archive-cr.com » CR » G » GREENNOISE.CR

Total: 158

Choose link from "Titles, links and description words view":

Or switch to "Titles and links view".
  • Creating a safe passage for jaguars now and into the future | GreenNoise – Spreading the Voice of Nature
    the future June 20 2013 by Panthera Costa Rica Panthera is working in 13 of the 18 Latin American countries that are home to the jaguar documenting their presence and their main prey analyzing the threats and assuring their survival in the Jaguar Conservation Units and dispersal corridors Field validation protocols are being developed to verify the use of potential corridors evaluate prey availability measure patterns of human use of the various areas and identify future threats Based on this information corridor limits are determined and detailed plans are designed to ensure their functionality Working closely with government agencies NGOs and local partners farmers indigenous groups development associations teachers community leaders etc these plans are incorporated into land use planning strategies ensuring that these corridors remain intact Because most of the jaguar corridors exist outside of protected areas the long term preservation of connectivity depends on the understanding and cooperation of the local population Jaguars are an important part of healthy functioning ecosystems their conservation will help ensure the natural heritage of all countries that are in its distribution maintaining a great cultural icon for generations to come Category GNJaguar 0 Comment s SIGN UP FOR NEWSLETTER email Categories GN

    Original URL path: http://greennoise.cr/2013/06/20/creating-a-safe-passage-for-jaguars-now-and-into-the-future/ (2014-05-02)
    Open archived version from archive

  • A biological corridor and a long-term commitment to conservation | GreenNoise – Spreading the Voice of Nature
    long term commitment to conservation June 7 2013 by Panthera Costa Rica In 2000 new information on jaguars surprised felid biologists detailed genetic analyses indicated that there were no subspecies of jaguars Jaguars are the same whether they live in Mexico or Argentina There is no other large wide ranging carnivore in the world with this characteristic genetic continuity throughout its existing range and although Latin America is experiencing one of the highest deforestation rates in the world there are still natural corridors in protected and unprotected areas that jaguars use to travel between populations Because genetic isolation is one of the causes of species extinctions it is essential to identify and protect these corridors ensuring the future survival of the species This convergence of information led Panthera s CEO Alan Rabinowitz to the creation of the Jaguar Corridor Initiative JCI a model of comprehensive conservation that is the defining mandate for Panthera The JCI seeks to preserve both core jaguar populations and habitat connectivity by identifying and protecting the genetic pathways existing between the northern and southern ends of its range Category GNJaguar 0 Comment s SIGN UP FOR NEWSLETTER email Categories GN 80 GN Sessions 231 GNJaguar 81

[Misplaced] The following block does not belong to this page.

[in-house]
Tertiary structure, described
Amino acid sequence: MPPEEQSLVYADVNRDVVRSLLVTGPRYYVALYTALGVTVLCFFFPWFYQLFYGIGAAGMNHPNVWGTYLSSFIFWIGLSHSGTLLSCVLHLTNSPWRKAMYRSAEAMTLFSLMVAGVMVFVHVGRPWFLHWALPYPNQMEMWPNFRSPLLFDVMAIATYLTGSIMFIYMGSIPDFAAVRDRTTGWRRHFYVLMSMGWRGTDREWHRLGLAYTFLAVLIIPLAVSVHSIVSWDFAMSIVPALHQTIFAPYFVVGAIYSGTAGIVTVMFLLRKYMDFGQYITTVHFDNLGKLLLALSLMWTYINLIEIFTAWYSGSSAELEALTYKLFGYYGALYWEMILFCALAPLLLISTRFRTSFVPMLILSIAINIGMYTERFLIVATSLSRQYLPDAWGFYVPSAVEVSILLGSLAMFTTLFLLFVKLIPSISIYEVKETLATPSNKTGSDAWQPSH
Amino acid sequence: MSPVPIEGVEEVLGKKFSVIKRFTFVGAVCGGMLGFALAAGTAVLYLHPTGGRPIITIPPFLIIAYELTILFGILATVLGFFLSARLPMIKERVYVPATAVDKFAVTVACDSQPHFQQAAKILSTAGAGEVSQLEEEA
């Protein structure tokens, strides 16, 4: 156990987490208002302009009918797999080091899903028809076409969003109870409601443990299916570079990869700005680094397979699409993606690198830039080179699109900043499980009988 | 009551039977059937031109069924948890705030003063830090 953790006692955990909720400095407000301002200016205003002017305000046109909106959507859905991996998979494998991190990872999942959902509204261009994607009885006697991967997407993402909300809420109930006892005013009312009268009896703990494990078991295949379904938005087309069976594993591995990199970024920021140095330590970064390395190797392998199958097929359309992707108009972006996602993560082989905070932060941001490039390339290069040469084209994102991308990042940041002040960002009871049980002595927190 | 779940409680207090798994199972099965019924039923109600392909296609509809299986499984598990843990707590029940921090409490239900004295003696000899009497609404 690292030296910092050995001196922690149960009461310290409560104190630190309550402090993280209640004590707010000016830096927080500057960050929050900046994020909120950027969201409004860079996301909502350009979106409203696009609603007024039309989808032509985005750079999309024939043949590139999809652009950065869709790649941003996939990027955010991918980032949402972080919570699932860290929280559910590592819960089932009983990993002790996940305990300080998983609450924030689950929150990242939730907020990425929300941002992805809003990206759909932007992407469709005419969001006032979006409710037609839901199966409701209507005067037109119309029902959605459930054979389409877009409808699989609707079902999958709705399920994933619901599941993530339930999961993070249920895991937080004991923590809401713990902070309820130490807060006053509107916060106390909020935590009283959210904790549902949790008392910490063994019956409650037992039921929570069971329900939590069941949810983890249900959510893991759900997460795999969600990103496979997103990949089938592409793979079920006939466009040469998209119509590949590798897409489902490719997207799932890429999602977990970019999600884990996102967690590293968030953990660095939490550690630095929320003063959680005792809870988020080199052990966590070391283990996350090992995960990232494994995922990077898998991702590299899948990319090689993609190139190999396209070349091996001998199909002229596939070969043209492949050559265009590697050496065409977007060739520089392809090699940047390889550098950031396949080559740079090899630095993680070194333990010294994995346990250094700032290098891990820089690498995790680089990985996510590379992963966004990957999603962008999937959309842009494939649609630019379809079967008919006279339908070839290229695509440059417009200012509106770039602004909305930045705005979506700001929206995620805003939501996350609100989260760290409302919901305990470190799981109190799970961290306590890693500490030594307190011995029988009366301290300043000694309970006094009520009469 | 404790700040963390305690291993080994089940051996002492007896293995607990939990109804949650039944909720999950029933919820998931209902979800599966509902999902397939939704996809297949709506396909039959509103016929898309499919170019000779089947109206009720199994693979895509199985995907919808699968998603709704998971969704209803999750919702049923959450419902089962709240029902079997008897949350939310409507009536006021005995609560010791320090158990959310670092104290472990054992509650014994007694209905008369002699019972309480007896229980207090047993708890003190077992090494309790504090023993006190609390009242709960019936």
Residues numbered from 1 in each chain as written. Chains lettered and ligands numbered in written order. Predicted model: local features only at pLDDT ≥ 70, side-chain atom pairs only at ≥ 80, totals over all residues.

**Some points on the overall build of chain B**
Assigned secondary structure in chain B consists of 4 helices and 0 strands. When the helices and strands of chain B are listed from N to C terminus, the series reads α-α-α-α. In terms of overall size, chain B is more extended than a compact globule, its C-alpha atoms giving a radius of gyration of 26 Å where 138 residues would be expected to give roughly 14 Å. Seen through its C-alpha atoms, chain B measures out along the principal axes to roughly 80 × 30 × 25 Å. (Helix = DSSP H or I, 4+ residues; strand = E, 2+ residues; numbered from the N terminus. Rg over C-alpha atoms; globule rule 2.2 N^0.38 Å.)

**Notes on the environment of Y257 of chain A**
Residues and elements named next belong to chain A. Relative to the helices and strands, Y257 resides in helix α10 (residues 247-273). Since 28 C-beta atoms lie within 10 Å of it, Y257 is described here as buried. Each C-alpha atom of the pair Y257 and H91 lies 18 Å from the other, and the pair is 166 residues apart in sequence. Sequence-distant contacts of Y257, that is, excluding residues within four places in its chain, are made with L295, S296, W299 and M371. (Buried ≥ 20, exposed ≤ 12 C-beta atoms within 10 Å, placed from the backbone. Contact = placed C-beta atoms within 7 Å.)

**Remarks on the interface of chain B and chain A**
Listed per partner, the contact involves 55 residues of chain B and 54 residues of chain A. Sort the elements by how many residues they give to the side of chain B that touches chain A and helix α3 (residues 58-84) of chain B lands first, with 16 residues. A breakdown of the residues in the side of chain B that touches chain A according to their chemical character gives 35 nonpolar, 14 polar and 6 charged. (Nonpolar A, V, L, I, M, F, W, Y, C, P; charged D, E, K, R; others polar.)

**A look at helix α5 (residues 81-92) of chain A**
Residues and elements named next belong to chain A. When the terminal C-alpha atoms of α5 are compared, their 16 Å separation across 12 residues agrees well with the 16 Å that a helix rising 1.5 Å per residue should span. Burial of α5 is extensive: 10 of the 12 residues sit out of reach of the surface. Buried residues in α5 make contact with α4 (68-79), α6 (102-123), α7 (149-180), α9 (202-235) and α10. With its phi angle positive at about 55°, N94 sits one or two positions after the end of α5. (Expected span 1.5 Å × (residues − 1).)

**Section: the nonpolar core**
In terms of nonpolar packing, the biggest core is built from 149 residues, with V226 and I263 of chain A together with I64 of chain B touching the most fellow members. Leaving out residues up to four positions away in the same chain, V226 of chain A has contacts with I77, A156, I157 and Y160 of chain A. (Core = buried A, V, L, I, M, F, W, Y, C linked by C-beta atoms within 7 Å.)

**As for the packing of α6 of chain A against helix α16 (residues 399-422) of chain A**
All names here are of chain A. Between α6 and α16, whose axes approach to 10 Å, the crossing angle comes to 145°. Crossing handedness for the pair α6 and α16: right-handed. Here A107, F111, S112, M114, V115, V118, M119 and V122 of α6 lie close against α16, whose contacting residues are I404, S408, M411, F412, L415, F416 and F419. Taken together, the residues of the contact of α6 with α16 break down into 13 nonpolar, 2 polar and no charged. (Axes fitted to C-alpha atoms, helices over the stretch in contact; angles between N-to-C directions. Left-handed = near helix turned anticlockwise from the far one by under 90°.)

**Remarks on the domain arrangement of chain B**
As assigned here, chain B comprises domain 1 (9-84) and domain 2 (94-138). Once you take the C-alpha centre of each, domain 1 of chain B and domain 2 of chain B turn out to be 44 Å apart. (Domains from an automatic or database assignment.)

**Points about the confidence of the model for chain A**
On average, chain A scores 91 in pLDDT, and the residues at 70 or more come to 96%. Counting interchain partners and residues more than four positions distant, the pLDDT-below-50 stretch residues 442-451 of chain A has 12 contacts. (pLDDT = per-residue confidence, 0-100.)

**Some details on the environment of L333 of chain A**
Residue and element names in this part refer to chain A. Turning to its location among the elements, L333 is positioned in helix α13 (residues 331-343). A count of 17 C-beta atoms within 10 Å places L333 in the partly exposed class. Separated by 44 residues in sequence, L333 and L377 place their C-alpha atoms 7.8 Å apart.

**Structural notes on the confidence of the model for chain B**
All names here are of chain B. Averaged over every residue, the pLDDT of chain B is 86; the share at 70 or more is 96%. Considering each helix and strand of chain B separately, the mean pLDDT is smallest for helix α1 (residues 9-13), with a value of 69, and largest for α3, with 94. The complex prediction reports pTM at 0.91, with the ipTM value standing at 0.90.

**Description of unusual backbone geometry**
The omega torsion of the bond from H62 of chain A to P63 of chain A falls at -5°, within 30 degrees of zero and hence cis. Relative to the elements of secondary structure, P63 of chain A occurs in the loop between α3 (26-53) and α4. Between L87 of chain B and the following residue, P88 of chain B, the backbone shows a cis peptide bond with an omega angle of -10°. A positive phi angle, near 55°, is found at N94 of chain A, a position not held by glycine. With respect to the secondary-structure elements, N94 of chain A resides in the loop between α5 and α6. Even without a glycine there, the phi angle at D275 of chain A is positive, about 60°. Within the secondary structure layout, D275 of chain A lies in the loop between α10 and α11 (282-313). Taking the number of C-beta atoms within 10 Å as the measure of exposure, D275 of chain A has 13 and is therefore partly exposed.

Original URL path: http://greennoise.cr/2013/06/07/a-biological-corridor-and-a-long-term-commitment-to-conservation/ (2014-05-02)
    Open archived version from archive

  • The Jaguar, king of the Neotropical forests | GreenNoise – Spreading the Voice of Nature